ATC codes: V03AB34
Harmful effects of or exposure to noxious substances, chiefly nonmedicinal as to source, not elsewhere classified ICD11 code: NE61
Medicine type
Chemical agent
List type
Complementary (EML)
Parenteral > General injections > IV: 5 mg per mL in 20 mL ampoule (sulfate) ; 1 g per mL in 1.5 mL ampoule (base)
EML status history
First added in 2013 (TRS 985)
Also recommended for children
Therapeutic alternatives
The recommendation is for this specific medicine
Patent information
Patents have expired in most jurisdictions
Summary of evidence and Expert Committee recommendations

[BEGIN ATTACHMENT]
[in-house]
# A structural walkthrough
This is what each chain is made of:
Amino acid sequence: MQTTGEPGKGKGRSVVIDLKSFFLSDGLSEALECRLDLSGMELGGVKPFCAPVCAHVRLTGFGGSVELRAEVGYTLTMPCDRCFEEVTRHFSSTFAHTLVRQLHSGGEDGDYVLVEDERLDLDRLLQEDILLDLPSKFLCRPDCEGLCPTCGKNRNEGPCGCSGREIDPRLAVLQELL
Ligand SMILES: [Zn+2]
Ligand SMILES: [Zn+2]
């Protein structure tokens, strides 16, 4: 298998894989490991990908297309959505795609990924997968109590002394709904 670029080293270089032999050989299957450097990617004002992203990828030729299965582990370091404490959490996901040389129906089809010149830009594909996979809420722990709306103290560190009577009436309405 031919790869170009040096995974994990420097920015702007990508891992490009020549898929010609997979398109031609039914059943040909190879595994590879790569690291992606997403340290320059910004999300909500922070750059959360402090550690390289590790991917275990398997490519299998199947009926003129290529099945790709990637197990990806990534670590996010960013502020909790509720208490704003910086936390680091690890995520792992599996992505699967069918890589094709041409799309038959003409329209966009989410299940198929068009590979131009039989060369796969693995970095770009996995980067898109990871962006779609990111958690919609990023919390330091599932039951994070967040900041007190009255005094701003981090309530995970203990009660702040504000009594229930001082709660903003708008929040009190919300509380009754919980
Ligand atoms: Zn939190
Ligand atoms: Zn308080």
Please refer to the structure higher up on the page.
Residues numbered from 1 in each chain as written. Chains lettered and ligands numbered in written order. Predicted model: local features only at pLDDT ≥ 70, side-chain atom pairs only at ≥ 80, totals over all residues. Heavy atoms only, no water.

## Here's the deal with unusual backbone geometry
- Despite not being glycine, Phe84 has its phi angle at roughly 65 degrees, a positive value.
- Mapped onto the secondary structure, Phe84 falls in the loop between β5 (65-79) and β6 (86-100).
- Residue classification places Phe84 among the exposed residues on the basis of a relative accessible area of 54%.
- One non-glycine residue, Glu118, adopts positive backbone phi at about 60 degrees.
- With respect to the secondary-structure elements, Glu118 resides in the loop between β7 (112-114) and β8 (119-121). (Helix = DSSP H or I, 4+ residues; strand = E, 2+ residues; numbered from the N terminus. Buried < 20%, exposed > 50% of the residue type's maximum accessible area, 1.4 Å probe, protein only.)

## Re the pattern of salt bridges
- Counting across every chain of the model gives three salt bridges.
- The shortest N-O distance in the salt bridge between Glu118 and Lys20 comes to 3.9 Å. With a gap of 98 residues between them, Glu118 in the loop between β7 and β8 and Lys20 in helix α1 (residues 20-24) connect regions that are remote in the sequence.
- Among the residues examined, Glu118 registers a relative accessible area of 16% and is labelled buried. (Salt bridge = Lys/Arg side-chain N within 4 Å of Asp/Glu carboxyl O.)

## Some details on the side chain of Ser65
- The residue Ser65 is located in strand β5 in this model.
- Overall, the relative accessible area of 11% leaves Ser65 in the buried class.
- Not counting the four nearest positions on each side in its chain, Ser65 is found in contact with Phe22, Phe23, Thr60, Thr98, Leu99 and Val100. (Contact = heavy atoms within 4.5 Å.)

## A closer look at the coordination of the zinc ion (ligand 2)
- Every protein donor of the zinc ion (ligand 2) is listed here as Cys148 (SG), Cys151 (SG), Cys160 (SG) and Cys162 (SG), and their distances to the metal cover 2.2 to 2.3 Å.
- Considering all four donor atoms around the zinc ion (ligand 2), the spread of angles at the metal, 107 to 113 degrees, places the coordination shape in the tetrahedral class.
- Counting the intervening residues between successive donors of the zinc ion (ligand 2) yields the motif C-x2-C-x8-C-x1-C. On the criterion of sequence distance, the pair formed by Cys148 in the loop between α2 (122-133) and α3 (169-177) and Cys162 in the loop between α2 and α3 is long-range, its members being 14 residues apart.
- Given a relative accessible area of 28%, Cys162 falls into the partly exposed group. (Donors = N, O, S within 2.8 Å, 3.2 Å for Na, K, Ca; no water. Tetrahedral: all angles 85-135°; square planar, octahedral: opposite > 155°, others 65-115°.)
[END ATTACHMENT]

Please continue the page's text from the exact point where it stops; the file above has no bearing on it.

An application to include fomepizole on both the EML and the EMLc was submitted by Guangduo Zhang, Kasumi Crews, Heather Wiseman and Nicola Bates of Medical Toxicology Information Services Ltd, London, United Kingdom; Dr Knut Erik Hovda of The National NBC Center, Department of Acute Medicine, Oslo University Hospital Ullevaal, Oslo, Norway; and Dr John Archer and Dr Paul Dargan of Clinical Toxicology, Guy’s and St Thomas’ NHS Foundation Trust and King’s Health Partners, London, United Kingdom. Fomepizole is used for the treatment of toxic alcohol and glycol poisoning – principally methanol and ethylene glycol – in adults and children. Ethylene glycol poisoning occurs worldwide and in the majority of cases is due to the ingestion of substances such as antifreeze, vehicle screen wash and fuel additives. Methanol poisoning is usually associated with illicit alcohol. Epidemics of methanol poisoning (caused by ingestion of contaminated beverages) and of diethylene glycol poisoning (caused by adulterated medications) continue to occur worldwide, predominantly in developing countries and among economically disadvantaged communities. Poisoning with these agents is associated with severe morbidity and mortality. The toxicity associated with the toxic alcohols and glycols is due to their metabolism by the enzyme alcohol dehydrogenase to toxic intermediates. Fomepizole prevents formation of the toxic metabolites by competitively inhibiting alcohol dehydrogenase. Ethanol can also be used as an antidote and acts through the same mechanism. Experimental studies have demonstrated the ability of fomepizole to inhibit alcohol dehydrogenase, and animal studies have shown that fomepizole reverses the toxic effects of methanol and ethylene glycol poisoning. Prospective observational studies, clinical trials and retrospective case reviews have demonstrated that fomepizole improves outcomes by improving renal function, preventing visual impairment associated with methanol poisoning, and preventing metabolic acidosis (1, 2). In a retrospective case series, ethanol and fomepizole were equally effective but fomepizole provided practical advantages, such as ease of administration and monitoring, and a better adverse events profile (2-7). However, no high-quality studies have directly compared fomepizole with ethanol. Fomepizole is approved by the US FDA for these indications and is recommended by American and European associations of clinical toxicologists. Ethanol is not US FDA-approved for this indication. The relative ease of use of fomepizole may confer some benefits through the potential avoidance of intensive therapy, although this would not apply to severely ill patients who would require intensive support. The limited data made it difficult to determine whether the greater cost of fomepizole was offset by any potential savings. The laboratory tests that are needed to initiate treatment and monitor therapy may not be available in all situations where poisonings occur. There are insufficient data from children and elderly people. However, most available information suggests that fomepizole is a safe medicine. It is classified as US FDA pregnancy category C. It was also noted that access to parenteral ethanol was problematic as this product was difficult to manufacture and pack in ampoule form. Though rare in some settings, toxic alcohol and glycol poisoning can lead to serious harm. Considering this need, the Expert Committee recommended the addition of fomepizole to the complementary list of the EML and EMLc. The need for specialist care was a consideration for inclusion on the complementary list rather than on the core list. References: 1. Brent J, McMartin K, Phillips S, Burkhart KK, Donovan JW, Wells M, et al.; Methylpyrazole for Toxic Alcohols Study Group. Fomepizole for the treatment of ethylene glycol poisoning. N Engl J Med. 1999;340(11):832-8. http://dx.doi.org/10.1056/NEJM199903183401102 PMID:10080845 2. Brent J. Fomepizole for ethylene glycol and methanol poisoning. N Engl J Med. 2009;360(21):2216-23. http://dx.doi.org/10.1056/NEJMct0806112 PMID:19458366 3. Paasma R, Hovda KE, Hassanian-Moghaddam H, Brahmi N, Afshari R, Sandvik L, et al. Risk factors related to poor outcome after methanol poisoning and the relation between outcome and antidotes–a multicenter study. Clin Toxicol (Phila). 2012;50(9):823-31. http://dx.doi.org/10.3109/15563650.2012.728224 PMID:22992104 4. Miller H, Barceloux DG, Krenzelok EP, Olson K, Watson W; Ad Hoc Committee. American Academy of Clinical Toxicology practice guidelines on the treatment of ethylene glycol poisoning. J Toxicol Clin Toxicol. 1999;37(5):537-60. http://dx.doi.org/10.1081/CLT-100102445 PMID:10497633 5. Borron SW, Mégarbane B, Baud FJ. Fomepizole in treatment of uncomplicated ethylene glycol poisoning. Lancet. 1999;354(9181):831. http://dx.doi.org/10.1016/S0140-6736(99)80015-4 PMID:10485727 6. Cannarozzi AA, Mullins ME. A cost analysis of treating patients with ethylene glycol poisoning with fomepizole alone versus hemodialysis and fomepizole. Clin Toxicol. 2010;48(3):299-300. 7. Barceloux DG, Bond GR, Krenzelok EP, Cooper H, Vale JA; American Academy of Clinical Toxicology Ad Hoc Committee on the Treatment Guidelines for Methanol Poisoning. American Academy of Clinical Toxicology practice guidelines on the treatment of methanol poisoning. J Toxicol Clin Toxicol. 2002;40(4):415-46. http://dx.doi.org/10.1081/CLT-120006745 PMID:12216995